Andrew Waits is a Seattle-based freelance photographer and a graduate of Seattle Central Creative Academy. His work explores parts of America that aren’t often seen, the results bely a full process of building relationships and trust. He was recently involved in a photography project, part time capsule and part memorial. In 1986 three climbers on Mt Baker were overcome with an avalanche. Two were killed. Steve Raschick, one of the victims, backpack was recently unearthed and sent to Waits to record that moment in time. We asked him a few questions about his work on the shoot.
Tell us about your involvement in this story:
I approached this shoot knowing very little about the story other than vague details that piqued my interest. After a day or so with the bag and testing a few different directions, I learned that the bag actually belonged to one of the hikers that passed away. This added a level of gravity to the project for me. I felt that the inclusion of the smashed bible and the small vial of cologne made it seem much more personal. I settled on a style that really highlighted each individual item. I’ve been really into simplicity lately; single strobe with the object on blackout fabric and plenty of fill cards.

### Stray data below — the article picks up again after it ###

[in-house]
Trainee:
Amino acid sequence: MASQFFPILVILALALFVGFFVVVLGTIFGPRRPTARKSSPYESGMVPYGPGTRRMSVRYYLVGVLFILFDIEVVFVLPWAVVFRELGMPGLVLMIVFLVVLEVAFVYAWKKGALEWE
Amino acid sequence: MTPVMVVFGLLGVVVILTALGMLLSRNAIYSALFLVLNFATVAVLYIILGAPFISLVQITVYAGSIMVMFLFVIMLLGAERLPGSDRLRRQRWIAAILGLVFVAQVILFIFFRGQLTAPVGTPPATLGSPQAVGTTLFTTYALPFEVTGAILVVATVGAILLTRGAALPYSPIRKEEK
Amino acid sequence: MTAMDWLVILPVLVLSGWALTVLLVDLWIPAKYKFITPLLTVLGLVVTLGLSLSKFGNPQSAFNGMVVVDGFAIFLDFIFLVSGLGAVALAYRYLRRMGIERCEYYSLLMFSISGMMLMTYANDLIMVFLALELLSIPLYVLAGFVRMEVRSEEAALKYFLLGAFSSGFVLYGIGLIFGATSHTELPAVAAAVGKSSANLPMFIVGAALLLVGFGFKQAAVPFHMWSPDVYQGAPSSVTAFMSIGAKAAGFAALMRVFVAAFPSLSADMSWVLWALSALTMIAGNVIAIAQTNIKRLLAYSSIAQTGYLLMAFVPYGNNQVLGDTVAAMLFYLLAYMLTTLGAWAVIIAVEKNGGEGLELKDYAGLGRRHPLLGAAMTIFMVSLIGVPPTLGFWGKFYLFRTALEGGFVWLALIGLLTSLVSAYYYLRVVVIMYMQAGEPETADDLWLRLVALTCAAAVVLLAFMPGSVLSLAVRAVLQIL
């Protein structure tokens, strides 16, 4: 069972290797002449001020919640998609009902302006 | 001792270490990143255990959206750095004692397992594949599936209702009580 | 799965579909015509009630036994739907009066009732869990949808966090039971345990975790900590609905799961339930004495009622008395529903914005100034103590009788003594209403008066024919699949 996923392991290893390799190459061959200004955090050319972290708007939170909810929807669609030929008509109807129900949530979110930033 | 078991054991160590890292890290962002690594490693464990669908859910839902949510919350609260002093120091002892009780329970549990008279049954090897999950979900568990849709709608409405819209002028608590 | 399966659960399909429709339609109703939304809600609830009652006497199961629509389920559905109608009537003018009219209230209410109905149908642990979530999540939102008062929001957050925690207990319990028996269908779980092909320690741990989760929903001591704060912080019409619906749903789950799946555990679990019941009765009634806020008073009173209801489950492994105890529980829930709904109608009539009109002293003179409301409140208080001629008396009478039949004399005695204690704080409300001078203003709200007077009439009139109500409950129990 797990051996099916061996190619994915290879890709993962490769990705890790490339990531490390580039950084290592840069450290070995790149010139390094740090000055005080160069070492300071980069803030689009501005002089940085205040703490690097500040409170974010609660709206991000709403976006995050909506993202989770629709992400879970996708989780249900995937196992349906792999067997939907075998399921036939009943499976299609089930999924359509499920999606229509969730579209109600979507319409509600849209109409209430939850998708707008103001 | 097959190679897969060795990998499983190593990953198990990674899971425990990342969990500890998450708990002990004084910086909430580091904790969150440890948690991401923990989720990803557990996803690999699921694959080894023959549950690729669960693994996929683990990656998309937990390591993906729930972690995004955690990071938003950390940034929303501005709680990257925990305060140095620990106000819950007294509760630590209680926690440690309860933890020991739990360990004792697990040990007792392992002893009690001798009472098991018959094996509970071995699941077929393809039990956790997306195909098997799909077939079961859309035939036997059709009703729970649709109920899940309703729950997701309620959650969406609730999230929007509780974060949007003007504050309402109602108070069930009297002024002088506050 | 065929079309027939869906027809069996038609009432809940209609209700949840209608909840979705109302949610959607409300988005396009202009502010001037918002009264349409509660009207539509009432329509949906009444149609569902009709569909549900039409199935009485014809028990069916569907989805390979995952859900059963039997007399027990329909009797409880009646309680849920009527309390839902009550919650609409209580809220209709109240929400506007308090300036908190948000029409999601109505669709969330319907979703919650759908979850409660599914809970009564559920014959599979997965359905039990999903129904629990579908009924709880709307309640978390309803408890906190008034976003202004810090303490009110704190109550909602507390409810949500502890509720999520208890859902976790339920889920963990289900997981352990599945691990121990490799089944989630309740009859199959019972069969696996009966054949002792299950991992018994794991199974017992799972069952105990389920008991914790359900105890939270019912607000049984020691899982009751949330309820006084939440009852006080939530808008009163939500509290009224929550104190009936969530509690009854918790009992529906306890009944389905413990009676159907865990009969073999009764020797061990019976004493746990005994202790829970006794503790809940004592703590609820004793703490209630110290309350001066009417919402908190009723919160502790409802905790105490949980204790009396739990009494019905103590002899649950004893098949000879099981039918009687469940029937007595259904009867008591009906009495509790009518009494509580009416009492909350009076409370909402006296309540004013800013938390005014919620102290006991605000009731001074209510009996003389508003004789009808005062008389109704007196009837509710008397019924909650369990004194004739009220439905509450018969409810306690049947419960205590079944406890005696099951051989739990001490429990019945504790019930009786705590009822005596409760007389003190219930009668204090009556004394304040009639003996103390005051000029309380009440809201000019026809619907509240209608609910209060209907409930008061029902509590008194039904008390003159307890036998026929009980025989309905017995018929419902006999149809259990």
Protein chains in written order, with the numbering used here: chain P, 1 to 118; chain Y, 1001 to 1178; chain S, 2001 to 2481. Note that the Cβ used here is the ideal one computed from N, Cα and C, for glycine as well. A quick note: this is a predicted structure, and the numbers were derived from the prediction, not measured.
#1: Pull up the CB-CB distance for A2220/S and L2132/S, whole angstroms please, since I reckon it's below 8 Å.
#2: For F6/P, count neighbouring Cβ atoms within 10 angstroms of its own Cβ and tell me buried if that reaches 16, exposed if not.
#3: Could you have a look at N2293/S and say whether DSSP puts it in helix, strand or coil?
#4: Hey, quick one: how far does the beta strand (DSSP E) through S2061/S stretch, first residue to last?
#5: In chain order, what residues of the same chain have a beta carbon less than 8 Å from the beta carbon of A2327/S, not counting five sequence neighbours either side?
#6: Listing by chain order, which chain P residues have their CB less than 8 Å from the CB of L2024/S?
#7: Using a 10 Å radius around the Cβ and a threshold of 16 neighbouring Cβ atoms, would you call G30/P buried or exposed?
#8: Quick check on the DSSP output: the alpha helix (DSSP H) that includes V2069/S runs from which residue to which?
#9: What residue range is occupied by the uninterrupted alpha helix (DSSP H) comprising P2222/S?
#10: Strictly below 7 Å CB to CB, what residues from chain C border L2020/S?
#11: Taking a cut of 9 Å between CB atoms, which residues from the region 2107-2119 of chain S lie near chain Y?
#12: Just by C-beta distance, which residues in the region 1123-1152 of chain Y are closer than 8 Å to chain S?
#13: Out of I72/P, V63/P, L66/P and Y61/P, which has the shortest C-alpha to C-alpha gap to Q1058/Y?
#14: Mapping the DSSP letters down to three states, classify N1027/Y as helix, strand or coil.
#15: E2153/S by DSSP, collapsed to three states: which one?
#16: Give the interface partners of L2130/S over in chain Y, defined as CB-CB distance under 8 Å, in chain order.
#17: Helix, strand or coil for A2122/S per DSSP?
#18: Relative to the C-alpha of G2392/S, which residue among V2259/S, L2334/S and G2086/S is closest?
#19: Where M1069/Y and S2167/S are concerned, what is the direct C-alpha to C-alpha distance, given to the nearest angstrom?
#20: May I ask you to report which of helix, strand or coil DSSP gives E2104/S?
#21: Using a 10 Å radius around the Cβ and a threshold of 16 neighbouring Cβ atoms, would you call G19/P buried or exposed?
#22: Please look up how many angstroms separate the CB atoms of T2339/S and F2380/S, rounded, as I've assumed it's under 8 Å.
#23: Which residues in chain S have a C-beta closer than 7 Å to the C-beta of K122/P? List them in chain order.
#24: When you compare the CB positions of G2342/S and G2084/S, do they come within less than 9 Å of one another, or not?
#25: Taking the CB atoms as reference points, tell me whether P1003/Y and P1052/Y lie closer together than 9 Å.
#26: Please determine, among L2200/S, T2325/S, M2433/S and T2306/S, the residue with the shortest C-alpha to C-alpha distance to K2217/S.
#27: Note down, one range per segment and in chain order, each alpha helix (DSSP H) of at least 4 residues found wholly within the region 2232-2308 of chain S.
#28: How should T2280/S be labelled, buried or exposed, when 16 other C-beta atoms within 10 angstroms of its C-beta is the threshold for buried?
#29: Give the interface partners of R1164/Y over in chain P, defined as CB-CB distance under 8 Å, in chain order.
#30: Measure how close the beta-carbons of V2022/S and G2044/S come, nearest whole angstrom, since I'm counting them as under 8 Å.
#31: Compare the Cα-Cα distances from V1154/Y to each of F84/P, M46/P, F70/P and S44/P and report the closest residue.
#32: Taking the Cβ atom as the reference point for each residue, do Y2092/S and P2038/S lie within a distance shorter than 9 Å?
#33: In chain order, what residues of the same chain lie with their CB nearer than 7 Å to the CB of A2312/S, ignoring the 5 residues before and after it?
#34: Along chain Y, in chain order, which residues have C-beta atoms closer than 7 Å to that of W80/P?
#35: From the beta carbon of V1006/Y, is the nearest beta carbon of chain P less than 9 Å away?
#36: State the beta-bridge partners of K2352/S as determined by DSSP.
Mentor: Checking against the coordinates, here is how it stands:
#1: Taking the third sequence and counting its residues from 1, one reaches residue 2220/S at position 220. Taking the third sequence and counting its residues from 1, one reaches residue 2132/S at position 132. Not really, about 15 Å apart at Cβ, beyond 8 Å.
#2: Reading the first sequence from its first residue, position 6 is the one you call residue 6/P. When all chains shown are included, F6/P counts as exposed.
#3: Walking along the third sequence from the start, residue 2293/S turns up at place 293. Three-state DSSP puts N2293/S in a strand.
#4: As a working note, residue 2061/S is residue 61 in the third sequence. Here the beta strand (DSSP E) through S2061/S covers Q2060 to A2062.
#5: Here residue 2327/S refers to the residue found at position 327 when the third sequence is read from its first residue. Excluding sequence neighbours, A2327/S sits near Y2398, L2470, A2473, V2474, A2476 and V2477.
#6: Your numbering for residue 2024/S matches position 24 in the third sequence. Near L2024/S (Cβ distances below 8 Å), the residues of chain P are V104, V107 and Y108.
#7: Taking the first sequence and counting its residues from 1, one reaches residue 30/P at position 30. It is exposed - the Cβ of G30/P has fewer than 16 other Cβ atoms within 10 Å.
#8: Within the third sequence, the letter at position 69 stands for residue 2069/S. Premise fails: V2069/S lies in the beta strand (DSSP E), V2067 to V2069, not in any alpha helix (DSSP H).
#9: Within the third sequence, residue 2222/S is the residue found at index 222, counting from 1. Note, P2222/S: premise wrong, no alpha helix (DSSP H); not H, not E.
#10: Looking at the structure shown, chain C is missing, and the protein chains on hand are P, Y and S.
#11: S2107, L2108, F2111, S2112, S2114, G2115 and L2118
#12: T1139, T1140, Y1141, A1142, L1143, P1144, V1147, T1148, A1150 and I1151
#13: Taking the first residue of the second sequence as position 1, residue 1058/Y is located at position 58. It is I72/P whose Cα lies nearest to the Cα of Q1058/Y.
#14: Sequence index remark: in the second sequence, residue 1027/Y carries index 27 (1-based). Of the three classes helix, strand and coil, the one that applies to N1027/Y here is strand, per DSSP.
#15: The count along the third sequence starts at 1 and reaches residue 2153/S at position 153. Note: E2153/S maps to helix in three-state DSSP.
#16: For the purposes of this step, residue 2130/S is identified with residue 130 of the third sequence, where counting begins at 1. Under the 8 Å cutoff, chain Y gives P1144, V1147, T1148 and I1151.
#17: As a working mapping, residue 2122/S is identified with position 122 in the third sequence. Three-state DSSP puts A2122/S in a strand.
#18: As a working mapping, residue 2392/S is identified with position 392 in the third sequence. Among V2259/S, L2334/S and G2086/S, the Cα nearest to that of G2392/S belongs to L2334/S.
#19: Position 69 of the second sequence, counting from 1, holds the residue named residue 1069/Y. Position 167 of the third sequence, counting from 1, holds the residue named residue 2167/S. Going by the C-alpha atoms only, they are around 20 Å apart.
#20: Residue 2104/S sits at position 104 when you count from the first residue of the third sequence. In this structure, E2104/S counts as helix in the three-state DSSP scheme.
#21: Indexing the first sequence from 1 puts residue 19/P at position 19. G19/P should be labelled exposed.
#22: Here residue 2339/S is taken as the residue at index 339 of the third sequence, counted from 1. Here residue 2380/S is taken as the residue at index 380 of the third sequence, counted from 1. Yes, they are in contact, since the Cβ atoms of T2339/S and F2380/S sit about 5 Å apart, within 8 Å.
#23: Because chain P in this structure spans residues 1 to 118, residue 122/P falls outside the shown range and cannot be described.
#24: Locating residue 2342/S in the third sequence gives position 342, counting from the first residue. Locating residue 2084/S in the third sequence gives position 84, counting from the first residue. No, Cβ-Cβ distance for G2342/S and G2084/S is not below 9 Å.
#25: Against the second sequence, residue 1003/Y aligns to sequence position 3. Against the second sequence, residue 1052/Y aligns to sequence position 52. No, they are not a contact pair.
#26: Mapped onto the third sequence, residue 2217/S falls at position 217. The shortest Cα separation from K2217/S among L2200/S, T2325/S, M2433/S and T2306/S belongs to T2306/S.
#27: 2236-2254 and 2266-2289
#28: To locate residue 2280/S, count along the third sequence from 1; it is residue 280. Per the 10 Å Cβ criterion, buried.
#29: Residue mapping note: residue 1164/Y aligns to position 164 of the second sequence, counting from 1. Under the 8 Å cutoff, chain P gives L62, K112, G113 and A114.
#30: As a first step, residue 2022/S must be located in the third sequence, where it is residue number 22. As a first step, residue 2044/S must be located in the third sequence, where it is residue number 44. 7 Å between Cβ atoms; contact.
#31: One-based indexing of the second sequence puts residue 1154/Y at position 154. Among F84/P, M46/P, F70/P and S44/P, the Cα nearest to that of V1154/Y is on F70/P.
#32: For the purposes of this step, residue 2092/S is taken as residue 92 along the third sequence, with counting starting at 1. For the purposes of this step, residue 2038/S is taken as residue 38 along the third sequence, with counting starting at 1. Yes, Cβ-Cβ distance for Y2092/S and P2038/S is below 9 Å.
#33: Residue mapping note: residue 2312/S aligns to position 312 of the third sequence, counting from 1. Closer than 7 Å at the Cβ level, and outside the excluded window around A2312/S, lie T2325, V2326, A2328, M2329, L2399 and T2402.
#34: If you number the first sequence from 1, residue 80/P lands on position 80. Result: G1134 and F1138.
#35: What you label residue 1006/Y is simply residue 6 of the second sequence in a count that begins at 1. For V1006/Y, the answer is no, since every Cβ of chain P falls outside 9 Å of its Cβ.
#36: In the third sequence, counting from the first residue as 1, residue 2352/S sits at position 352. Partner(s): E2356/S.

I ended up spending a lot of time with the bag at my home studio. Testing out different configurations of the objects. I even drove up to the pass and photographed it in the mountain snow. I definitely want to thank Seattle Met and writer Allison Williams for asking me to be a part of this story.
For more on this story look at Wired magazine’s recent profile of his work A Lost Climber’s Pack Emerges 30 Years After an Avalanche and Seattle Met’s coverage Unburied: The Secrets of a Deadly Mount Baker Avalanche.
Waits well-received extensive series Boondocks, featured on NPR, explores the life of people who live mobile.
Check out more of Wait’s work at andrewwaits.com.